• We inferred the indication for BCs from the working clinical diagnosis documented in the clinical case notes at the time of BC collection, but we did not evaluate specific clinical parameters or results from other special investigations.

  • When more than one BC bottle was submitted for the same patient, using the same laboratory request form, it was counted as one BC (unless otherwise specified); this may have led to an underestimation of the number of BCs.

  • When the site of BC collection was not indicated, it was assumed that it was collected from a peripheral site, which may have led to an underestimation of the number of BCs collected from CVCs.

  • We did not audit the availability of equipment (phlebotomy materials, BC bottles and sterile BC packs) for performing BCs.

In conclusion, our audit showed a high BC contamination rate. It further demonstrated that compliance with most standards at the hospital was variable or not met. However, our findings may not be generalised to other hospitals and we therefore recommend that each institution reviews its own BC practices.

 

Recommendations for improvement

The audit report was presented to the hospital staff with the following recommendations:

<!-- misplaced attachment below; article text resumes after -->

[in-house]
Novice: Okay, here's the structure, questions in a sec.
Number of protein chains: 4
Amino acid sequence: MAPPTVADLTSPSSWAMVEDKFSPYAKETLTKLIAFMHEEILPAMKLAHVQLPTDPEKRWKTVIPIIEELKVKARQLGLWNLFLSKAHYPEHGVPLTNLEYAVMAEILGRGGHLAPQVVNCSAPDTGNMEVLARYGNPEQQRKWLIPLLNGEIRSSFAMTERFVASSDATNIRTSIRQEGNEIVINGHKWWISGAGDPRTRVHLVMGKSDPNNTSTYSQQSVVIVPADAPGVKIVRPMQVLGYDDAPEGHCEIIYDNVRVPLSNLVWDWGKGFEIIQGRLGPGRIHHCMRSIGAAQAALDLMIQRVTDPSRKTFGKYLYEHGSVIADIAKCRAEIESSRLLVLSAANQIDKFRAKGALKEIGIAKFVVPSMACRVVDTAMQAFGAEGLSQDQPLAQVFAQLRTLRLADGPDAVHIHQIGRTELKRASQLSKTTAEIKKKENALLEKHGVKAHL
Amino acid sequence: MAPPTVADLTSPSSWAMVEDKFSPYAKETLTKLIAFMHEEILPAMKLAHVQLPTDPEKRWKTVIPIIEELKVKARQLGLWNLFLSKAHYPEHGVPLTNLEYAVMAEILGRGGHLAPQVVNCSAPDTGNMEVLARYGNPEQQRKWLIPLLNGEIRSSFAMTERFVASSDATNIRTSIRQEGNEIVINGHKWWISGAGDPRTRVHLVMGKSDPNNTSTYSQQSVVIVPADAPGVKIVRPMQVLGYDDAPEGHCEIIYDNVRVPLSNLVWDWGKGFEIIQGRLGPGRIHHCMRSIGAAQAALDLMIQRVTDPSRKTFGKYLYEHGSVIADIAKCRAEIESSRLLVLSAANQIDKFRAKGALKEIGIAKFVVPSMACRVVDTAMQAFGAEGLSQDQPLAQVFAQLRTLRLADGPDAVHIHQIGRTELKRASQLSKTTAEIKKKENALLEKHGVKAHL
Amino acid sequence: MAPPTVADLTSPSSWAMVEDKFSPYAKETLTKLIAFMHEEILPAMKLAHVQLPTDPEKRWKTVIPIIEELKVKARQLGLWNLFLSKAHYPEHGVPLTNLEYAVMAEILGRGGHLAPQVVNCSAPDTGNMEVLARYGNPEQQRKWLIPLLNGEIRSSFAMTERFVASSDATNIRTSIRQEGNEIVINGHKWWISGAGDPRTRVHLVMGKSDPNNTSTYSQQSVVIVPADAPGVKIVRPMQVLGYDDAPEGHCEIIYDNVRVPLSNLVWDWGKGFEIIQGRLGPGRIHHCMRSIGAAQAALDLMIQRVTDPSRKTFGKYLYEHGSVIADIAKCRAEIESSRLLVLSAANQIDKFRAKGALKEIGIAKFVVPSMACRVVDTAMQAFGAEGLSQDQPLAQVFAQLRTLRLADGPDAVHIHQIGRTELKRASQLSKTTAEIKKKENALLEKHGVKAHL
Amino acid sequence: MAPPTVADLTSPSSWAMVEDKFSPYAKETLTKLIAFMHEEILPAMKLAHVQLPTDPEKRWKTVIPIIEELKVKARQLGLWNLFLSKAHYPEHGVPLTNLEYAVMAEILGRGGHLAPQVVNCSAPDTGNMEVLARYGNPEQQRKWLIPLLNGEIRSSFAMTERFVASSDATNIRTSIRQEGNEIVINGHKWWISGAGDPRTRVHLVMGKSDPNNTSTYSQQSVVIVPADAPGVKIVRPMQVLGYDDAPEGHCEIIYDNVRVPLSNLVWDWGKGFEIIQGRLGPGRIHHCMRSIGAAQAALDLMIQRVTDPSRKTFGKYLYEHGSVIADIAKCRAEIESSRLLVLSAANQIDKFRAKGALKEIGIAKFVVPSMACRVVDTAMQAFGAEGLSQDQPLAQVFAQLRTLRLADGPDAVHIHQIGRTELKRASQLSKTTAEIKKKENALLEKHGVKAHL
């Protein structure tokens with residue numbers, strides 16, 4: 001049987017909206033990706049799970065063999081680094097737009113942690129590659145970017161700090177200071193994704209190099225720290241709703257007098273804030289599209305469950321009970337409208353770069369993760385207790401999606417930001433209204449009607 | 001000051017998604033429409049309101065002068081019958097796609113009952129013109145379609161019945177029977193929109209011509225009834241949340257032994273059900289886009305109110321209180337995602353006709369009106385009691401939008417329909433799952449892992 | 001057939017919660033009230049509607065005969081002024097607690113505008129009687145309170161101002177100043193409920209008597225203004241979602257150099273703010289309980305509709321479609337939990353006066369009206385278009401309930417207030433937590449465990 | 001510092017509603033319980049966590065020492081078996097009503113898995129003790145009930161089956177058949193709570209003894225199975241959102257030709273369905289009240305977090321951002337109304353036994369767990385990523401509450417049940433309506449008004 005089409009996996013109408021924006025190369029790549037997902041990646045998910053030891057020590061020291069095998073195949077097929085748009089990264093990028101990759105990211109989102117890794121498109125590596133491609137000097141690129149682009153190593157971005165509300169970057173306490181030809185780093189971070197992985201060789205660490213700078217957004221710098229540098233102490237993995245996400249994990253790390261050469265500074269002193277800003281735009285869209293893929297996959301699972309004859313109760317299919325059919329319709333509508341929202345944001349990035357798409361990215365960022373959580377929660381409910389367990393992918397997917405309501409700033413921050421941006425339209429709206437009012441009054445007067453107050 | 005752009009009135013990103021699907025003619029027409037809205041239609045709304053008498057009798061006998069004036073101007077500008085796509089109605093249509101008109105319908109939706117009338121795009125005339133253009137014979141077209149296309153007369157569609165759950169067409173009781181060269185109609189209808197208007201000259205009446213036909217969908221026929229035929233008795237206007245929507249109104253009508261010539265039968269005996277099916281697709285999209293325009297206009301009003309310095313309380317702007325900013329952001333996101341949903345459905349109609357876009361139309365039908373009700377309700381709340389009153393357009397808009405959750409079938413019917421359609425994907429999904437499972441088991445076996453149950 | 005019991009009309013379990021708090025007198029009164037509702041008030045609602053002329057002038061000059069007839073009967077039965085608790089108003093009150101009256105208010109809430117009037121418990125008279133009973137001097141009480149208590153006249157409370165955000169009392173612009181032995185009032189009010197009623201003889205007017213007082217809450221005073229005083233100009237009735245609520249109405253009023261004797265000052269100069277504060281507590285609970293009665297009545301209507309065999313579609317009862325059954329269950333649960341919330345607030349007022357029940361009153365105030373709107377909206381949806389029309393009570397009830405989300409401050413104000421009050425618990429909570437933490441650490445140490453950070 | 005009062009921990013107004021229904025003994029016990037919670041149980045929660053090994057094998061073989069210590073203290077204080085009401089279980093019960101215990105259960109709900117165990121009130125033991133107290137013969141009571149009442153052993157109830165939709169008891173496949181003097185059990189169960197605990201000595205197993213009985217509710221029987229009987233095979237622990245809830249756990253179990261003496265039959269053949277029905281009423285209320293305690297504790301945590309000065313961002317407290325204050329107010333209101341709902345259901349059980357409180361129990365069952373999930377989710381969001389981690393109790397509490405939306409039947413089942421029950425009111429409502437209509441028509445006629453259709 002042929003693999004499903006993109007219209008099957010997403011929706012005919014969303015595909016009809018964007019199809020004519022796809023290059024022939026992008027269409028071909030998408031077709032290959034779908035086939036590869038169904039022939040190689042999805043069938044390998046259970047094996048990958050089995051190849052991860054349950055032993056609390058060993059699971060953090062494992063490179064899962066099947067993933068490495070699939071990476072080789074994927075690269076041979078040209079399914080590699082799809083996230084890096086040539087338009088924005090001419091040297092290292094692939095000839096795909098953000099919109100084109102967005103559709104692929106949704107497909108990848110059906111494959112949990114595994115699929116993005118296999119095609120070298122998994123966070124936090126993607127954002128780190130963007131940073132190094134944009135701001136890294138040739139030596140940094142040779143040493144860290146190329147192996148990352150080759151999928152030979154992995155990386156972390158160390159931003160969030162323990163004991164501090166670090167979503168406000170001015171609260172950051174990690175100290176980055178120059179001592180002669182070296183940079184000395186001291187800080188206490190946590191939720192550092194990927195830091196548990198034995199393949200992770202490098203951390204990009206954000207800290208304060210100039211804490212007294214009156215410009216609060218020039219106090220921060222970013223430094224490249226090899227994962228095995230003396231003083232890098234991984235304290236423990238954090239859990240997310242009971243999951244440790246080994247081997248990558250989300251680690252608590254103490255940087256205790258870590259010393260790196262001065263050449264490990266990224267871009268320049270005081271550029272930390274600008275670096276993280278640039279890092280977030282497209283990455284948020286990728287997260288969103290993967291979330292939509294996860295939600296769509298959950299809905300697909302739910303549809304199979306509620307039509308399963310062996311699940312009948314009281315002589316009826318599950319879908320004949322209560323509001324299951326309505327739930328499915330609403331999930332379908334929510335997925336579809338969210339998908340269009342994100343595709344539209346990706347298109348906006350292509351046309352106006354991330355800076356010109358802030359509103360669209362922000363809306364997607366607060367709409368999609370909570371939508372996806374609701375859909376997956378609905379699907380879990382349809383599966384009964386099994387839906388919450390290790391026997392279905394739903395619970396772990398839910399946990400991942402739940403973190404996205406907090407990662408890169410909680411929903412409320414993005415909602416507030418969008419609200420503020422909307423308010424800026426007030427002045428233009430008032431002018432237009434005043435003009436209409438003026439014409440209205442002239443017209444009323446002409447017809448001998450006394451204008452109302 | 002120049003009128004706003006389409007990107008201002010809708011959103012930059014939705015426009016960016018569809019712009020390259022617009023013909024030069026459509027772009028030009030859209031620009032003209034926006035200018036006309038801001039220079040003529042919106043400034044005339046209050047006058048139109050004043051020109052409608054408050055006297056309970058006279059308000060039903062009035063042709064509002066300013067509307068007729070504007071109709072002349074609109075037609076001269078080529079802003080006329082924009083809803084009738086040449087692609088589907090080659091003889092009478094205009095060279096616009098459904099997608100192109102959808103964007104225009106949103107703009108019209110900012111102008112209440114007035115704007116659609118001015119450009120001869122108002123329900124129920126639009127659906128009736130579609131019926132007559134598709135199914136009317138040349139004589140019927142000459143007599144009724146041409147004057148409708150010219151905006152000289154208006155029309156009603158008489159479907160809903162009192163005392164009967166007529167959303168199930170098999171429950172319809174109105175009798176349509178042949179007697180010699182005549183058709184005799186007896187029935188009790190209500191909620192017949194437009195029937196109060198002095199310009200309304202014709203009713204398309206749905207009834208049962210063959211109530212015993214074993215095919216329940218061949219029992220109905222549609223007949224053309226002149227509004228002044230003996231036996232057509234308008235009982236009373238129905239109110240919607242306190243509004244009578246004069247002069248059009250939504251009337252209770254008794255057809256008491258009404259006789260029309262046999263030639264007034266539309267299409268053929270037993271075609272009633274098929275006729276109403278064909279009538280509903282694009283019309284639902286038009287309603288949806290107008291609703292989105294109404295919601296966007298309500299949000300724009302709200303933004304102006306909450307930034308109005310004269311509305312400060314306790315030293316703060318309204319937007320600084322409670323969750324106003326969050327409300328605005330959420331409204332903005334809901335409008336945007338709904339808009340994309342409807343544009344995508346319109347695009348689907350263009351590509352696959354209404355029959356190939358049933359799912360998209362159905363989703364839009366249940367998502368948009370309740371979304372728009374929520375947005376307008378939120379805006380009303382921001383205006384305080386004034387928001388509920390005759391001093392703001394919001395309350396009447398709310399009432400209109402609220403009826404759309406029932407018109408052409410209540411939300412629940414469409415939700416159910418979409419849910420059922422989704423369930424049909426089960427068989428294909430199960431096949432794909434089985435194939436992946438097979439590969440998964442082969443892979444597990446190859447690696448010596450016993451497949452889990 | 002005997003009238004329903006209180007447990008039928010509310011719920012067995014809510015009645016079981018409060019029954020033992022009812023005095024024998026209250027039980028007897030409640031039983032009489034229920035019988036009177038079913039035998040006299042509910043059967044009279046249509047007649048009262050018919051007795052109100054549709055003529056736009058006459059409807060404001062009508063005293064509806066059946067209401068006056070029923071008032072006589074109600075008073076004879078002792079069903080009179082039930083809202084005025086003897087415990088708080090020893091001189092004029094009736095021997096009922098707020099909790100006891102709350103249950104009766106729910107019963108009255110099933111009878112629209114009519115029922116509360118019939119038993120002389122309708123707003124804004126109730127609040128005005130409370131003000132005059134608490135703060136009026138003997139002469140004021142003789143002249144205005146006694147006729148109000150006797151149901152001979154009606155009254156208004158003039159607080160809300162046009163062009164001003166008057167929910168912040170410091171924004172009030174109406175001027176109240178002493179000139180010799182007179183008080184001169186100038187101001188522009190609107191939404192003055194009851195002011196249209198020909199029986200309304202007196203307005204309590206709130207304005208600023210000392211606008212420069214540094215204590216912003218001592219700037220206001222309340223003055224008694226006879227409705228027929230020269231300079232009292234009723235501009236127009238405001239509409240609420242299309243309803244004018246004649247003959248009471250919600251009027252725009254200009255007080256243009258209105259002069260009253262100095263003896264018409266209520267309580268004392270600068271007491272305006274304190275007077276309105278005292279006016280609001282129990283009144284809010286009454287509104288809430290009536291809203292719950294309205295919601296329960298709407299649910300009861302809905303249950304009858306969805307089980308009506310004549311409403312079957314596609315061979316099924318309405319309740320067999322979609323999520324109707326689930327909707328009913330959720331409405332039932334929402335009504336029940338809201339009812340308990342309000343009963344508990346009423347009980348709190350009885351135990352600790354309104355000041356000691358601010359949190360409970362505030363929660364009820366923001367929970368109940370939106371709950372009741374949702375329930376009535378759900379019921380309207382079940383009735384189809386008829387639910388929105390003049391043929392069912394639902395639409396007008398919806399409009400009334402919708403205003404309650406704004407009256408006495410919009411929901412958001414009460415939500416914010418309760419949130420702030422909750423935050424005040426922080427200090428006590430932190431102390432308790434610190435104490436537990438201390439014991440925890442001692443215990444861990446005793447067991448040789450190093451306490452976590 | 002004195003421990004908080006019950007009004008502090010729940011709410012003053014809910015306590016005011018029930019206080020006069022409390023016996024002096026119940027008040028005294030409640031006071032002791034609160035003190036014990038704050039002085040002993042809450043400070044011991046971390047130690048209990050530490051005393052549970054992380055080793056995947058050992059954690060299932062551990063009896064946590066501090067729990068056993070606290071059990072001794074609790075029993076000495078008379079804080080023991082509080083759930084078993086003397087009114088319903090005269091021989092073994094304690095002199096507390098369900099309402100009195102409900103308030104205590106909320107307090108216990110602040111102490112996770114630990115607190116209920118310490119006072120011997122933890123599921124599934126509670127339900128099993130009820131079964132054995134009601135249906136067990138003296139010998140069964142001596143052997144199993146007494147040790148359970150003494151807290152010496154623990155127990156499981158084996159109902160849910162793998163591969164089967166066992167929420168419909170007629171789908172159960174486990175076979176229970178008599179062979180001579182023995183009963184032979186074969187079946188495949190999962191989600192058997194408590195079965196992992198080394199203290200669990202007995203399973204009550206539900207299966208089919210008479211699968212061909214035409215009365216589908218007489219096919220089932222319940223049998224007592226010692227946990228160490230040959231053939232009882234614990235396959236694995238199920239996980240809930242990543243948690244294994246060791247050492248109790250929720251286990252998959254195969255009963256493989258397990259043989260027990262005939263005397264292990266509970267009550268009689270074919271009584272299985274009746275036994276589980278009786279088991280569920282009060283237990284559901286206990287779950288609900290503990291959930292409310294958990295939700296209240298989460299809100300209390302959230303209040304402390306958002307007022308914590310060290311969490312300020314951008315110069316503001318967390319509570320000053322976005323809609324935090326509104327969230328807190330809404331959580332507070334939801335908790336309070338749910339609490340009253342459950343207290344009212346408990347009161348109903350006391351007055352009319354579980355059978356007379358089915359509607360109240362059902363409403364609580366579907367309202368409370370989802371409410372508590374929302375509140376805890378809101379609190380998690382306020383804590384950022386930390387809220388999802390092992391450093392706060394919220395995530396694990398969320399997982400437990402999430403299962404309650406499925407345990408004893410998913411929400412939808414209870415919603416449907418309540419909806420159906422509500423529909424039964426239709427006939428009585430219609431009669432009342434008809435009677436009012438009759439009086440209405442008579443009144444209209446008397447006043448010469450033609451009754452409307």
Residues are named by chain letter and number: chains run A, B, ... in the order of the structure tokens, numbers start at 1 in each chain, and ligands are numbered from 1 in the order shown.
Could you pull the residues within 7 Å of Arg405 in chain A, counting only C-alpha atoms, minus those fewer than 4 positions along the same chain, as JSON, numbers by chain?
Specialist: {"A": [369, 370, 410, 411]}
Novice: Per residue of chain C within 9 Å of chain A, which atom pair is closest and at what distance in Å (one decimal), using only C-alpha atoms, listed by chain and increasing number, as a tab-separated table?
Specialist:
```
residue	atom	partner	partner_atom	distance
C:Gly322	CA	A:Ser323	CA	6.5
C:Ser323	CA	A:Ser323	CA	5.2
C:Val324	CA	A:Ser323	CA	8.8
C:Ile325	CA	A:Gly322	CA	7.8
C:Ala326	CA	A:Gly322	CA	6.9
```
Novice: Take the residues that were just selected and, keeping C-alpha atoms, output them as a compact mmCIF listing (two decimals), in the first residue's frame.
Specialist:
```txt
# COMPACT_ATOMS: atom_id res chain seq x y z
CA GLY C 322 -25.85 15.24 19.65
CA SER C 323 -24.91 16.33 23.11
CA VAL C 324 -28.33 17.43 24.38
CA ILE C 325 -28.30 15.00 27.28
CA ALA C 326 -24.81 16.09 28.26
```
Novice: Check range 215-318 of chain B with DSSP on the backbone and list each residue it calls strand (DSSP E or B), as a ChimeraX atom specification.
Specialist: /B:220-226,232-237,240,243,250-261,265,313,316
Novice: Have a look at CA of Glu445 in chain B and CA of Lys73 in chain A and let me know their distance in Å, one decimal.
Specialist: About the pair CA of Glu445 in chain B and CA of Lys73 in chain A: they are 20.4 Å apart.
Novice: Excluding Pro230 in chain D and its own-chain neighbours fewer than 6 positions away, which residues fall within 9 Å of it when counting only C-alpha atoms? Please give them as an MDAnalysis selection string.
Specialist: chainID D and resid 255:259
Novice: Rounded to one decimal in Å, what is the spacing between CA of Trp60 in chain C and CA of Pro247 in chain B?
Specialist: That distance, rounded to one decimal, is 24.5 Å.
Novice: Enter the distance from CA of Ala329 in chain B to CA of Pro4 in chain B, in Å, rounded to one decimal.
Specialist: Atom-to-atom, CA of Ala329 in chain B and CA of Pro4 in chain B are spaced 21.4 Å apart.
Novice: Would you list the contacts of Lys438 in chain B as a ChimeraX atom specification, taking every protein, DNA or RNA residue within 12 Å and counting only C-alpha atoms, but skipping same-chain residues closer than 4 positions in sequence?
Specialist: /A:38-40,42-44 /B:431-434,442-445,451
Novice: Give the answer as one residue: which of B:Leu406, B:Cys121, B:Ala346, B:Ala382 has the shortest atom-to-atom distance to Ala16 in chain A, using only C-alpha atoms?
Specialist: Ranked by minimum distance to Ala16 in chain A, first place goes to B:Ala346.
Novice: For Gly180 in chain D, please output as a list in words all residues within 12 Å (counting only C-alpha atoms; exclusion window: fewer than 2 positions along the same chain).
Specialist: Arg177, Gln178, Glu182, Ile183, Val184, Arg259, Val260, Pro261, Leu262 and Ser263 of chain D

• Staff be provided with electronic copies of the SA guideline[11 and the NHLS specimen collection manual.

  • Pictorial wall charts be posted in each ward, outlining best-practice recommendations.

  • BC record stickers be used, indicating the name of the patient and doctor, and the date, time, site and indication of BC.

  • Weekly antibiotic stewardship rounds be used as a platform to educate clinicians regarding best practice when collecting BCs.

  • Pre-assembled BC collection packs with procedural checklists be used.

  • Winged blood collection sets (needle and adaptor) be used.

  • A revised laboratory request form be used, with a designated space for clinicians to clearly indicate the BC collection.

  • Alcoholic chlorhexidine be used as a skin disinfectant in adults.

  • Laboratory reports be accompanied by a remark recommending the number of BCs and volume of blood, per bottle, for adult patients.

  • Pre-analytical factors associated with prolonged needle-to-incubator transport time be investigated.

  • BCs be loaded on the BC instrument on a 24-hour basis.

  • The audit be repeated after implementation of interventions.

In addition, the regular use of quality indicators (such as blood volume, contamination rate, SBC rate, positivity rate, number of BCs requested per 1 000 patient-days, needle-to-incubator transport time and number of rejected samples) with monitoring and feedback may strengthen the above interventions.

Acknowledgements. We thank staff at the study hospital and the Tygerberg NHLS laboratory. We gratefully acknowledge the assistance of Sr Marietjie Bester, Kristien Nel, and Jeremy Goodway with the data collection and analysis.

 

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Correspondence:
M S Abrahams
shareef.abrahams@nhls.ac.za

Accepted 13 October 2015.